If I’m writing about the health of one of our products, I probably want to see metrics and feature usage associated with that. If I’m looking at our best practices guides - I probably want to see how those are performing.
This fits really neatly into the copilot / assistant paradigm of AI products - building tools that assist and augment knowledge workers to increase the quality and speed of work.
We can imagine a world where I checkpoint my planning document by highlighting some text I’m writing and I ask it to find the subset of questions that:
Would help validate or improve my thinking
Are answerable based on the information we have baked into the Semantic Layer
And just like that I get back a vetted list of questions, and their associated answers, from my organizational data and I can keep cooking.
Will it be perfect? Probably not. Could it be useful? Absolutely.
Stakeholder ex machina
An interesting thing about the example above is that while the end consumer of the data was still a human, both the natural language question and the answer to that natural language question were generated by the LLM.
What if the stakeholders asking the natural language questions of our enterprise data aren’t only people? What if we have one big stakeholder - LLM systems themselves using text as the universal interface?
We’re increasingly seeing that while LLM systems are powerful in and of themselves, they get much more powerful when they have reliable tools.
The first big example of this was when Code Interpreter got added to ChatGPT and all of a sudden a huge wave of new use cases got unlocked. Then came browsing. Then vision.
These additions provide superlinear benefits - each new tool has access to and can route information through the other tools via the LLM acting as the central kernel, the router between different systems.
OpenAIs Andrej Karpathy has been calling this the LLM OS.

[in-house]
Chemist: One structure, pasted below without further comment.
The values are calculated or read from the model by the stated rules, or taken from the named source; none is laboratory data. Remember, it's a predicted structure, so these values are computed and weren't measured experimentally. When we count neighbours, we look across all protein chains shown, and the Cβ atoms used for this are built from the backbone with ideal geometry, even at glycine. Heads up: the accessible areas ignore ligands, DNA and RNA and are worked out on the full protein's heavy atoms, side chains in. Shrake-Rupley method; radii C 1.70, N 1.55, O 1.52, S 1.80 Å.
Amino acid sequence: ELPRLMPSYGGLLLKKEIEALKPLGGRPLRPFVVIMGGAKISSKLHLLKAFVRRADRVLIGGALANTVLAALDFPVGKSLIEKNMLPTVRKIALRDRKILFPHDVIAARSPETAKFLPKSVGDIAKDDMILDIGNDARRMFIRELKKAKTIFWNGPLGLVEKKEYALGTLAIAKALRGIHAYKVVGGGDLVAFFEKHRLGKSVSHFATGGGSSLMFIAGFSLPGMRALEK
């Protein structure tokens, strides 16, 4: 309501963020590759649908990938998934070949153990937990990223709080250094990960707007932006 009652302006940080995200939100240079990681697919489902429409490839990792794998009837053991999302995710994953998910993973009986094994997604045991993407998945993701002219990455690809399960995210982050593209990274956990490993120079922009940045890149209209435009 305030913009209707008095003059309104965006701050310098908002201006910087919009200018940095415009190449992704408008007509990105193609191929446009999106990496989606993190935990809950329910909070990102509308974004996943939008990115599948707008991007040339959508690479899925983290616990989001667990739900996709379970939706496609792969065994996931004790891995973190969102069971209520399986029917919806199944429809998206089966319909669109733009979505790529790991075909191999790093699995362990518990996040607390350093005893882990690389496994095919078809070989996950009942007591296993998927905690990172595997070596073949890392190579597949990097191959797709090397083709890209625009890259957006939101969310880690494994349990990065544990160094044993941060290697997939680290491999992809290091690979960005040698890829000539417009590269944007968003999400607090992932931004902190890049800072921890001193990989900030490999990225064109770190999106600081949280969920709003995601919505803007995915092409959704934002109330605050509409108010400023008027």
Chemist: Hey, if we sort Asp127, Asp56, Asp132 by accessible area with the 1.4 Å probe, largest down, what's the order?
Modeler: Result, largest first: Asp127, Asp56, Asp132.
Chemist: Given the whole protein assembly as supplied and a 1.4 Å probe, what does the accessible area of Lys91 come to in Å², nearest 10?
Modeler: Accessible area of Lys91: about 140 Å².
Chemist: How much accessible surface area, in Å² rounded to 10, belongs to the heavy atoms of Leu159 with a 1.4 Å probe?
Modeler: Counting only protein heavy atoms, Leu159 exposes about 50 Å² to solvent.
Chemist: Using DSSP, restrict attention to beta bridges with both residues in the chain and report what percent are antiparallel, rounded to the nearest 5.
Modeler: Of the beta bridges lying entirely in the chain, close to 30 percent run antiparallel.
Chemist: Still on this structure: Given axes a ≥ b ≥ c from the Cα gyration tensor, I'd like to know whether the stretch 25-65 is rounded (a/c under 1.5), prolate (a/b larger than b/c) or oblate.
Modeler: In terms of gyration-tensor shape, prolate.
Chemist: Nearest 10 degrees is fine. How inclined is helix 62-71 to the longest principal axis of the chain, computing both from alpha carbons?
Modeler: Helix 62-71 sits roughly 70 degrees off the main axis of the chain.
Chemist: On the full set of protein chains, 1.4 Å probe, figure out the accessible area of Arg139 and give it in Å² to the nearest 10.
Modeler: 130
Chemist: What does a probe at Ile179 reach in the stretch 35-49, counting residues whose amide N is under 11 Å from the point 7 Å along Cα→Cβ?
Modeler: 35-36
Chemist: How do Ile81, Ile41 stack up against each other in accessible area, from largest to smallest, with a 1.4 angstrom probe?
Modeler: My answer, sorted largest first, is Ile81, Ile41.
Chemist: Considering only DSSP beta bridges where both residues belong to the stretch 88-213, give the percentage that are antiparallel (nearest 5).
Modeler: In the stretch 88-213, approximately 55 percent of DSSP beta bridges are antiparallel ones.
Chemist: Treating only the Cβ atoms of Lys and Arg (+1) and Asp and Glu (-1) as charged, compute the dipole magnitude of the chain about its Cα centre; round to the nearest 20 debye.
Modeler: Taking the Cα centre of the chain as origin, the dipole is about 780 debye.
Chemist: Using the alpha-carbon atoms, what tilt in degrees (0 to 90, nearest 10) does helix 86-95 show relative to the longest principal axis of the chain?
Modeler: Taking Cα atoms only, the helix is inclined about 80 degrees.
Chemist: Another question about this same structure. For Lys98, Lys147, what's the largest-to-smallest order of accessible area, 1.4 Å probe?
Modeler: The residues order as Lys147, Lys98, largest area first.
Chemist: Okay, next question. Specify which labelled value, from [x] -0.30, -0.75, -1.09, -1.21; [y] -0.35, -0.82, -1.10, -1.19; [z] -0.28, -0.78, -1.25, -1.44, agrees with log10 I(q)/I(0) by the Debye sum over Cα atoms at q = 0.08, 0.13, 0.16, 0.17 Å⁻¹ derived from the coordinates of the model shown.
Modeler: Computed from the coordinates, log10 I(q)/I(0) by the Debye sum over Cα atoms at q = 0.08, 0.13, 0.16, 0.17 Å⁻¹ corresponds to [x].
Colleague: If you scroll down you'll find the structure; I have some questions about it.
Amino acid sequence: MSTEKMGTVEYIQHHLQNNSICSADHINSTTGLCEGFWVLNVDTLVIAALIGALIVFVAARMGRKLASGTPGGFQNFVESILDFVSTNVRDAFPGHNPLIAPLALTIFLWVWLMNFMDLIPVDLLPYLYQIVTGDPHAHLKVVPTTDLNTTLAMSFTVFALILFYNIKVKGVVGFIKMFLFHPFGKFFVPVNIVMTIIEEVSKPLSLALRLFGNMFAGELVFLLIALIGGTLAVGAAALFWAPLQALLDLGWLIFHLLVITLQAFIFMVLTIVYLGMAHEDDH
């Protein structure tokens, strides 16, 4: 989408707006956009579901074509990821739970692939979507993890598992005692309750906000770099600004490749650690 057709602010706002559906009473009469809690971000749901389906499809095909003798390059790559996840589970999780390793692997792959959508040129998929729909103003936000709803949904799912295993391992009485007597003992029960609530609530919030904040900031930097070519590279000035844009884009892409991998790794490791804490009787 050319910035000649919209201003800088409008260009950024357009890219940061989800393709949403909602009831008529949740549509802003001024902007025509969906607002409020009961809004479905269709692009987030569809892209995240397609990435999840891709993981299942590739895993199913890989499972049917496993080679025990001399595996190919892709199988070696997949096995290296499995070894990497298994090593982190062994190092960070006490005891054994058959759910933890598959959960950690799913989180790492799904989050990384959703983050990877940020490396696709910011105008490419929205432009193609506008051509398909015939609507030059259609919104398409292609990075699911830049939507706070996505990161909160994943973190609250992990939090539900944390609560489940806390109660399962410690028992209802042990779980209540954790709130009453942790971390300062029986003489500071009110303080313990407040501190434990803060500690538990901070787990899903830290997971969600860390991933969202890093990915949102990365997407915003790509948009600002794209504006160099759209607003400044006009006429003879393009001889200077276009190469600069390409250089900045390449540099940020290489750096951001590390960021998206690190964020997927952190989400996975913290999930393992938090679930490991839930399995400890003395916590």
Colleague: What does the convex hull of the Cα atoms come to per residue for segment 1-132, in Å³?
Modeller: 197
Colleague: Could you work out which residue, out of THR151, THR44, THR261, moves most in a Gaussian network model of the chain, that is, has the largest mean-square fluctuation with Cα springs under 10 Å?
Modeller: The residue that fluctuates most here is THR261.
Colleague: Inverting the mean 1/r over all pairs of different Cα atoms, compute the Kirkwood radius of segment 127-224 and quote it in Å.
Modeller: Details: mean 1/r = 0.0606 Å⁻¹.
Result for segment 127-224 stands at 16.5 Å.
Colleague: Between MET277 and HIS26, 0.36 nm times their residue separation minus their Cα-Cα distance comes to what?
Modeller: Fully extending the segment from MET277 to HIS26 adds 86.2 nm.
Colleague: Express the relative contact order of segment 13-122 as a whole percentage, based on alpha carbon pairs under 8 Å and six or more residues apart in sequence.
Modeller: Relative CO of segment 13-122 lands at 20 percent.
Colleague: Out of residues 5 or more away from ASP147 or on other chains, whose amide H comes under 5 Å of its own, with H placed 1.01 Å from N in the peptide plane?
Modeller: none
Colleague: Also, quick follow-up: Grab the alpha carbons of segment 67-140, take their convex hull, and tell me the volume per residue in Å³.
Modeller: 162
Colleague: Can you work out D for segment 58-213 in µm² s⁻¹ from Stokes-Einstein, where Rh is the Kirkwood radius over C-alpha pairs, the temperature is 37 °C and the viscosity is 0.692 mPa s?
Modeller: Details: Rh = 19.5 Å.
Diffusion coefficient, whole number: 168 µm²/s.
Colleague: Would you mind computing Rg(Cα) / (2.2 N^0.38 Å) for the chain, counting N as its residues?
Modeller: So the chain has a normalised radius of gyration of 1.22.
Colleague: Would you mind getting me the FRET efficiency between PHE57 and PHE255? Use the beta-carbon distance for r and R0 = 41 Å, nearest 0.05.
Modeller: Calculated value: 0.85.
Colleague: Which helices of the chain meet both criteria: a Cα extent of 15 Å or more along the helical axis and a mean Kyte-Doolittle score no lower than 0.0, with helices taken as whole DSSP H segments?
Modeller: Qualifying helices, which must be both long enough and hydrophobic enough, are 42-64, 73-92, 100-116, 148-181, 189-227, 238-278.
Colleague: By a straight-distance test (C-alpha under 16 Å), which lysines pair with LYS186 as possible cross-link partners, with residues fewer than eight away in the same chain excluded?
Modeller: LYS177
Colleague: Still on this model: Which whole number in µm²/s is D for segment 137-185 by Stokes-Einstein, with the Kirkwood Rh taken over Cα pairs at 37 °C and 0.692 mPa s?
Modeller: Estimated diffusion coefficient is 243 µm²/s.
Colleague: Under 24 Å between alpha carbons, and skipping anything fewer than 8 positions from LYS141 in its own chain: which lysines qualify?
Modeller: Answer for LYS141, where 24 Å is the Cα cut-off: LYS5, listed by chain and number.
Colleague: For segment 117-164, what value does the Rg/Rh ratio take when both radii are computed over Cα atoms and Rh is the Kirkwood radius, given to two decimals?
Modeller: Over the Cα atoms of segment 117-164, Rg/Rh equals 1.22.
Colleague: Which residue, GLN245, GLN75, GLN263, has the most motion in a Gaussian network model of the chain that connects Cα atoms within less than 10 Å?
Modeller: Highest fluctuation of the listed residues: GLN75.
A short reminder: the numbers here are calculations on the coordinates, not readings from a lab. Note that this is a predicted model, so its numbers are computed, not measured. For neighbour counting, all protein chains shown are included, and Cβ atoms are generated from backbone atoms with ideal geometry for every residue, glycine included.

Tool use is a key capability of large language models - and accessing trusted datasets is a very potent tool.
If we move up the ladder of abstraction one more time, we get LLM systems that have a specific goal and the ability to interact in the digital (or physical world) in some way. This doesn’t need to be as sci-fi as it sounds - you can imagine systems with relatively bounded goals that can operate somewhat independently.
An advertising agent that can test and deploy new creative and then measures the efficacy of new campaigns
A support agent that not only answers a ticket, but validates that the expected behaviors in product follow the resolution of a ticket (or escalates if not)
(Slightly more speculative) An inventory control agent which is able to suggest when products in a physical store need to be restocked or have their schedules updated
The pattern here is the same - a human worker creates a bounded AI agent to accomplish some sort of meaningful goal. A key part of ensuring that this goal is achieved successfully is mapping this to organizational data.
And so now, we return to the original question that took us down this long and winding path - should we even care about connecting enterprise data to natural language queries by LLMs?
In the end it depends on how valuable, and how likely you think each of the following paradigms are.
Chatbot - question and answering allowing anyone in the org to answer ad-hoc questions about your organizational data
Assistant - integrated workflows that act as assistants to knowledge workers, bringing relevant data to the systems they are working in, as they need it
Agent - systems that are able to reliably access and make decisions in the real world using your organizational data
If you think all three of these scenarios are at least somewhat possible and that they would really transform how organizations engage with data - you should care a lot! If you think only the first one is possible and you’re not that interested in it, super reasonable to wait and see on this - or go for a totally different tack of how data + LLM systems will interact.
We’re at the beginning of understanding and working with a very new and very different way of working with computers! The ways this ultimately shake out are sure to surprise us.
The best way for us to figure this out? Try things! Share learnings, ideas. Talk to your peers. Ask questions. Be skeptical! And together - we’ll get there.
Before we go - I just want to say thanks for reading the Roundup this year. It’s a real joy to get to connect, share ideas and see the work that everyone in the industry is doing. We appreciate you very much - looking forward to 2024.